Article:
If you're packaging a commandline program, you might also want to consider a simple GUI front-end. I have used PyMessage with a few AppDirs in order to prompt the user for an action or to get an input string. For example, I added code to the AppDir for GToaster that lets the user drag an ISO image onto the AppDir and then prompts to mount or burn it. I also did a wrapper for SSH that prompts the user for a user@host name and to choose an SSH or SFTP connection. This is a pretty simple interface, but, to me, it actaully seems to work pretty well.

Command-Line Consideration

There is one last thing that I want to touch on, and that's the command line. AppDirs are designed to work with ROX-Filer, and ROX-Filer is a GUI file manager and X11 desktop environment. You can't run it unless you're running X. However, AppDirs are more than just a ROX feature; they're also a way of packaging and distributing programs, and some of those programs need to run from the command line.

So how to we deal with this? Well, there are a couple of ways. If we only have one executable program in the AppDir, then it's easy: just run the AppRun script from the command line. If you want, you can even make a symlink to it somewhere in your path. (The AppDir template I mentioned earlier has some code to support this. I've written a little more about it on this page. Please read this before you try it, as there are some unexpected complications.)

But what if you have a package with more than one executable, such as ImageMagic? Well, you have a couple of options. I've outlined them both on my AppDir ideas page. My favorite solution is to create a "--exec" option to the AppRun script. The code for it looks something like this:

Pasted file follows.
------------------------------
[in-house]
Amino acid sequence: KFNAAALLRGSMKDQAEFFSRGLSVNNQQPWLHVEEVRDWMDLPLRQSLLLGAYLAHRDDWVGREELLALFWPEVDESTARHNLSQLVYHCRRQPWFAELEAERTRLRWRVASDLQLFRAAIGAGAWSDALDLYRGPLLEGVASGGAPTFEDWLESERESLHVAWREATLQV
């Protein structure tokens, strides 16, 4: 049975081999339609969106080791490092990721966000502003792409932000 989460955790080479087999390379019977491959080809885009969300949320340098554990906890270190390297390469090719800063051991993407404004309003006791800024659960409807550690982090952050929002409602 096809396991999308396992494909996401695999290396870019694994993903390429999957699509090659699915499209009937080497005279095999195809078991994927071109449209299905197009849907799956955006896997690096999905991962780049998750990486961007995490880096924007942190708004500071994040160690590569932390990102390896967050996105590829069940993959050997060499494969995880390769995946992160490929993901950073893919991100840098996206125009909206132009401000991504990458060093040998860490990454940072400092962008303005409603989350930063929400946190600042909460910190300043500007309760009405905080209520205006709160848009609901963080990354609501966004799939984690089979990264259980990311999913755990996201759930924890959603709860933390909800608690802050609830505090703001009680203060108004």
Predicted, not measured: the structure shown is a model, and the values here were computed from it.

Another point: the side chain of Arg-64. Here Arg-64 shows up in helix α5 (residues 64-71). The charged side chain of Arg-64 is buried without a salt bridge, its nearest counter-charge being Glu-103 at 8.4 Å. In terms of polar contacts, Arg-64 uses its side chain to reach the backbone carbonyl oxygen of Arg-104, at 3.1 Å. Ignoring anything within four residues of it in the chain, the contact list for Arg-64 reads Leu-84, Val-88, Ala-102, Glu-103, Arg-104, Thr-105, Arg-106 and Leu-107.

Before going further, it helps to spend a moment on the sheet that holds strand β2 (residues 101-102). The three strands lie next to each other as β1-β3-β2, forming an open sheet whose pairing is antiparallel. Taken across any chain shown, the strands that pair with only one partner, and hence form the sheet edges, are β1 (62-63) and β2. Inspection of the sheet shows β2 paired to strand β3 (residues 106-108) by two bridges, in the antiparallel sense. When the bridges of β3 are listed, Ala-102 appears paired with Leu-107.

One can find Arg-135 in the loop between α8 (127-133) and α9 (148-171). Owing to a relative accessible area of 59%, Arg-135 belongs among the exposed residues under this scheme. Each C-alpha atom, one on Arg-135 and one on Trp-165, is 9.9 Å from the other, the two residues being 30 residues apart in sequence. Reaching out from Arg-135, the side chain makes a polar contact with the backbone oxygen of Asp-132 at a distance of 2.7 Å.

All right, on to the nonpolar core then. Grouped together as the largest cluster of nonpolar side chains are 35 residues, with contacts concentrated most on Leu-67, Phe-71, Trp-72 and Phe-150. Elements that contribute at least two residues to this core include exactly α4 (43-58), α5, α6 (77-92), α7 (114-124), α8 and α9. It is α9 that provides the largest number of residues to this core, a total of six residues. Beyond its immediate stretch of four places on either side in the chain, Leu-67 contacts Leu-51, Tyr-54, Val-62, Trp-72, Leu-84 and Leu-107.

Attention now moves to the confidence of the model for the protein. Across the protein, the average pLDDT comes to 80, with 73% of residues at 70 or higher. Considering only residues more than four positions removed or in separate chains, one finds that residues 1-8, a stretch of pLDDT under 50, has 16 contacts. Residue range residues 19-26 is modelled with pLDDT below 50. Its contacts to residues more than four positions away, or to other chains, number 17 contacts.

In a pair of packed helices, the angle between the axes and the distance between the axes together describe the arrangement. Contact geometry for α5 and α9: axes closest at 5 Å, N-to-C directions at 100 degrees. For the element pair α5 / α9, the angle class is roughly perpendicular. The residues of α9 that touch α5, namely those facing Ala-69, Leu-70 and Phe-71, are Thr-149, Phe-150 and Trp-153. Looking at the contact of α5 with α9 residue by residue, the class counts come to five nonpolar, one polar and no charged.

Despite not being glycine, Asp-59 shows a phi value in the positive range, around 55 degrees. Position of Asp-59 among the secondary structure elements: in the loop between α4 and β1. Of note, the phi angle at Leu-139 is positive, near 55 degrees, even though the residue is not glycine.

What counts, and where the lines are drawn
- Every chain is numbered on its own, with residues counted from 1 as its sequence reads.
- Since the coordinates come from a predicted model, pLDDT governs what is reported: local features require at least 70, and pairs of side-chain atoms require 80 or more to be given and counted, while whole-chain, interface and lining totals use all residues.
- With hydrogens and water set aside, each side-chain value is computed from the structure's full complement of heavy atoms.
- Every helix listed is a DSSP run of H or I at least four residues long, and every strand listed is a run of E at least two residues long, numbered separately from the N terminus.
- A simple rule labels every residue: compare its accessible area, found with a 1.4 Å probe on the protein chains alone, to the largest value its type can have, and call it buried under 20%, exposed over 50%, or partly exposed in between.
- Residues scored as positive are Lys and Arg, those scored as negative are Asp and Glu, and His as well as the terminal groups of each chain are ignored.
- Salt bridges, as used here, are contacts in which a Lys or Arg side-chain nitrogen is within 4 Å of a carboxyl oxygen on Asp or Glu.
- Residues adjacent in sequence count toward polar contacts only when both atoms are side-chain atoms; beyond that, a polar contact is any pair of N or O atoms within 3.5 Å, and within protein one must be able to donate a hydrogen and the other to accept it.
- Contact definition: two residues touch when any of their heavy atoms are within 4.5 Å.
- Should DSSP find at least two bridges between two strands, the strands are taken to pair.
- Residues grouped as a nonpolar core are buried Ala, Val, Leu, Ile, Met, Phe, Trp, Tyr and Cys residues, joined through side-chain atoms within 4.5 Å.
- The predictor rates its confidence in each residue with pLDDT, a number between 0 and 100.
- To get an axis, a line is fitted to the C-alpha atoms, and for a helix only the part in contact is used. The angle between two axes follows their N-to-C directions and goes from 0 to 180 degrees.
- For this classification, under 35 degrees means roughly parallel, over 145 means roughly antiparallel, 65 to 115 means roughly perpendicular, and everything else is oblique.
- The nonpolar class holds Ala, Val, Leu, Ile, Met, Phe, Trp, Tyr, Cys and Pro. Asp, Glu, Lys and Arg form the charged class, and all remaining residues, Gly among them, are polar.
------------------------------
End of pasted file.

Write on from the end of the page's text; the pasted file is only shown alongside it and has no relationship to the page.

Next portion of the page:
case $1 in
	# Catch calls to other executables.
	# This is useful for general command-line use.
		if [ -x "$EXEC_FILE_PATH" ] ; then
			shift ; shift
			exec "$EXEC_FILE_PATH" "$@"
			echo "Unable to find $EXEC_NAME in binary directory."
			echo "Use $0 --lsexec to list the existing binaries."
	# List the possible executables.
	--lsexec) ls "$APP_DIR/$PLATFORM" ;;

This option allows you to run any of the binaries in the package as an argument to AppRun. So, in the ImageMagic example, we could now take a screenshot by running
/usr/apps/ImageMagic/AppRun --exec import -window root screen.jpg
This is better than using symlinks to the binaries themselves, or some similar method, because it maintains the features of the AppDir like automatic platform detection and a custom environment. (I think it's also a good idea to add a "--lsexec" option to simply list the available binaries. This saves the user having to worry about their platform.) This system makes things fairly easy for the user without compromising the power or flexibility of the AppDir.

Some Interesting Case Studies